Welcome to Week 3 of the Big Idea Portfolio. For the second consecutive week, Riverbed Technology and salesforce.com (NYS: CRM) led the way for me. Investors seem convinced these stocks will outperform as much as Google (NAS: GOOG) underperformed in reporting earnings on Thursday night. Details below, but first let's dig into the numbers.
S&P 500 SPDR
Source: Yahoo! Finance.
*Tracking began at market close on Jan. 6, 2012.
**Adjusted for dividends and other returns of capital.
If this week's results look misleading, it's because deadlines forced me to use Thursday's market close as the benchmark. Had I included the great-than-8% sell-off in Google shares in these results, I'd either be losing slightly or about even with the market. I'd be a very small-f fool indeed to claim an edge at this point.
Google's numbers hurt me most. Analysts looking for $10.51 of non-GAAP earnings were instead treated to $9.50 a share of profit. An 8% decline in the cost per click for Google ads led margins lower, resulting in the shortfall. Yet CEO Larry Page doesn't necessarily see that as a long-term problem. Instead, he's aiming for better aggregate results for advertisers.
"There are lots of product changes that we can make that can increase CPCs or decrease CPCs and kind of have ... an inverse effect on the number of clicks and sort of not change the actual dollars spent, for example," Page said during a conference call with analysts.
Neither Riverbed nor salesforce.com had much in the way of hard news to report over the past week, though salesforce.com ranked 27th on Fortune magazine's annual list of the 100 best companies to work for, up 25 spots from last year. Google ranked first, while Rackspace Hosting ranked 74th.
The week that was
Despite a strong week in the S&P 500, trading volume remains muted as investors ponder the consequences on ongoing talks about restructuring Greek debt. Default remains a looming threat, even if it hasn't done much to halt a banking recovery here in the United States.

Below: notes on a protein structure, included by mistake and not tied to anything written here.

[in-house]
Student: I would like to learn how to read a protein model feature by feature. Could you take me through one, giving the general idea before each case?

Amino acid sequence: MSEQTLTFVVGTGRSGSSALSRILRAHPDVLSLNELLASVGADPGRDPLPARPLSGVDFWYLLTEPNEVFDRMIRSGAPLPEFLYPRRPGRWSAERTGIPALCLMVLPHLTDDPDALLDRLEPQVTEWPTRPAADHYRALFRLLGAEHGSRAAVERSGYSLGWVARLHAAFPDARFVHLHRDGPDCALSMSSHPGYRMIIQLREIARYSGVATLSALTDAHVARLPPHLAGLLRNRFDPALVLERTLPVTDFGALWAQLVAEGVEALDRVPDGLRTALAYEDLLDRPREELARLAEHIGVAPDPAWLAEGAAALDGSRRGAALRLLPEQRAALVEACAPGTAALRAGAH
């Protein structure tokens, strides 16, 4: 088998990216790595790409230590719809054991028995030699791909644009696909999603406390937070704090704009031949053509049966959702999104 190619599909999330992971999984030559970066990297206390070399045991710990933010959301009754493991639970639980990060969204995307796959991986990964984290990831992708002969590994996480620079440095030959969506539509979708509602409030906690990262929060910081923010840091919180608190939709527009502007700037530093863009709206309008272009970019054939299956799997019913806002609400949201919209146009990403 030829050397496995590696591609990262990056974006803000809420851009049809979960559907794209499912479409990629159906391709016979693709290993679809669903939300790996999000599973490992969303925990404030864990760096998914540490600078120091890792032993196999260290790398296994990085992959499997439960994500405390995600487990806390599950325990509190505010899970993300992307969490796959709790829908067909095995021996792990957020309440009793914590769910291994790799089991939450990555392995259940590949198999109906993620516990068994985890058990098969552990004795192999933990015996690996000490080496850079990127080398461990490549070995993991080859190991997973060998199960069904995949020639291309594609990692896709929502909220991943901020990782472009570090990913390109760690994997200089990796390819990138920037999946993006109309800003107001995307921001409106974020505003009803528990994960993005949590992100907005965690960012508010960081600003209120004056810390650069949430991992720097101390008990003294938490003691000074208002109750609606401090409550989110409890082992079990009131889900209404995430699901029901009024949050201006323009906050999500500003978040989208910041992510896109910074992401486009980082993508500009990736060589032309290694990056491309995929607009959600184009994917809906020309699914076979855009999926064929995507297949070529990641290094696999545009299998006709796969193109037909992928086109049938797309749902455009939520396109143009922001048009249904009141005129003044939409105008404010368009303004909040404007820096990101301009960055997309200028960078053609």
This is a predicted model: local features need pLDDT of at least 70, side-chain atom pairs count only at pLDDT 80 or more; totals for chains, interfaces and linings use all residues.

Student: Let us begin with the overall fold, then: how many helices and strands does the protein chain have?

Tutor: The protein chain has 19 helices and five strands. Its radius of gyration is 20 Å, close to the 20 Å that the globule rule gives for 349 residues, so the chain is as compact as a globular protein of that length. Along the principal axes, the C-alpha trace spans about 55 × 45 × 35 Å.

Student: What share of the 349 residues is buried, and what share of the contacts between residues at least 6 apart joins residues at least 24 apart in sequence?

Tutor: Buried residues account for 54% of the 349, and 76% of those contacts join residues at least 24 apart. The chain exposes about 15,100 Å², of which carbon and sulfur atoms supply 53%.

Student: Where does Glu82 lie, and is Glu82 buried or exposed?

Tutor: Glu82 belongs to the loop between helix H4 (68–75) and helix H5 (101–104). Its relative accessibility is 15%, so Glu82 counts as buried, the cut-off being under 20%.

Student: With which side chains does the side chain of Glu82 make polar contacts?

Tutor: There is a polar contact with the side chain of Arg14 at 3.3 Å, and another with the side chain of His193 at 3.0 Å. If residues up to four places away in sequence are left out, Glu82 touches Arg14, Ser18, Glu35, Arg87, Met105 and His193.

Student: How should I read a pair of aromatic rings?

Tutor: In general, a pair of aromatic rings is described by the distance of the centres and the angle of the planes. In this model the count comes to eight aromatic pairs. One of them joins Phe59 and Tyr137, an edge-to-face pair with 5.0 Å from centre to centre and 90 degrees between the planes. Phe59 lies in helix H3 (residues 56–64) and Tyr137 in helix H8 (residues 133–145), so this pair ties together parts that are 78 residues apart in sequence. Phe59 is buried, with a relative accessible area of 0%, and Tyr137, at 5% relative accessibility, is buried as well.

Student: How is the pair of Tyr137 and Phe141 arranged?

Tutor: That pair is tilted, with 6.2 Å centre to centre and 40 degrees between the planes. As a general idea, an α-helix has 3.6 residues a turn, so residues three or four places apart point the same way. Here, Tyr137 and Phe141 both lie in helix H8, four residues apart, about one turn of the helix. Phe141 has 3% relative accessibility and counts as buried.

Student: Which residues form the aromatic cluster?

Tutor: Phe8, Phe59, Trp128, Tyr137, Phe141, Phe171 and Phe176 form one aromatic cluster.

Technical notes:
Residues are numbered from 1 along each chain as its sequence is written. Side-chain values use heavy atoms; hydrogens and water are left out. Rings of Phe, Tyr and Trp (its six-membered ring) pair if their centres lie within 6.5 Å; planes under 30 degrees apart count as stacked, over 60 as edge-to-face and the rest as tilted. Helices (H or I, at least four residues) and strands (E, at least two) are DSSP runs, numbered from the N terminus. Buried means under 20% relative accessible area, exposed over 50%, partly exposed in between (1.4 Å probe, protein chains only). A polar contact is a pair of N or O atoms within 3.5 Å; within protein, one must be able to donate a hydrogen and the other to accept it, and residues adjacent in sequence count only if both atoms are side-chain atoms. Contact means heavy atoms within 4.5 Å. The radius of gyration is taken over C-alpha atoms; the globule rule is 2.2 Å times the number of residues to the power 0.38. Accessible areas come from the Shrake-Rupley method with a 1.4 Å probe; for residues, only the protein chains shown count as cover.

Shares of Bank of America (NYS: BAC) rose 5% in early trading on Wednesday, after the financier reported positive fourth-quarter and full-year results. B of A also reported an improving equity ratio and better credit quality. All signs point to recovery after a long period of malaise.
Although we can't know exactly what's to come in 2012, tech investors were treated to a smorgasbord of good earnings results. IBM grew sales 1.6% in the fourth quarter while adjusted profits expanded more than 11% and beat estimates by $0.09 a share. Big Blue also forecast 2012 earnings that exceeded Wall Street's forecasts.
Microsoft (NAS: MSFT) and Intel (NAS: INTC) also outperformed. Mr. Softy beat estimates by $0.03 despite a troubling 6% decline in revenue from the Windows division, while the other half of the "Wintel" duo gained on a 17% increase in revenue from its PC division. Tech looks to be on track for now, but we won't have a full picture until Apple reports next Tuesday.
There's your checkup. See you back here next weekend for more tech-stock talk. In the meantime, you can check out the Fool's latest special report -- "3 Stocks That Will Help You Retire Rich" -- and add the Big Idea portfolio stocks to your Foolish watchlist for ongoing, up-to-the-minute coverage. Both the report and the watchlist as 100% free to use:
At the time thisarticle was published Fool contributorTim Beyersis a member of theMotley Fool Rule Breakersstock-picking team. He owned shares of Apple, Google, IBM, Rackspace Hosting, Riverbed Technology, and salesforce.com at the time of publication. Check out Tim'sWeb home,portfolio holdings, andFoolish writings, or connect with him onGoogle+or Twitter, where he goes by@milehighfool. You can also get his insightsdelivered directly to your RSS reader.The Motley Fool owns shares of Bank of America, Apple, Google, Intel, IBM, and Microsoft.Motley Fool newsletter serviceshave recommended buying shares of Google, Rackspace Hosting, Intel, Apple, Microsoft, Riverbed Technology, and salesforce.com, creating a bull call spread position in Microsoft, and shorting salesforce.com. Try any of our Foolish newsletter servicesfree for 30 days. We Fools don't all hold the same opinions, but we all believe thatconsidering a diverse range of insightsmakes us better investors. The Motley Fool has adisclosure policy.
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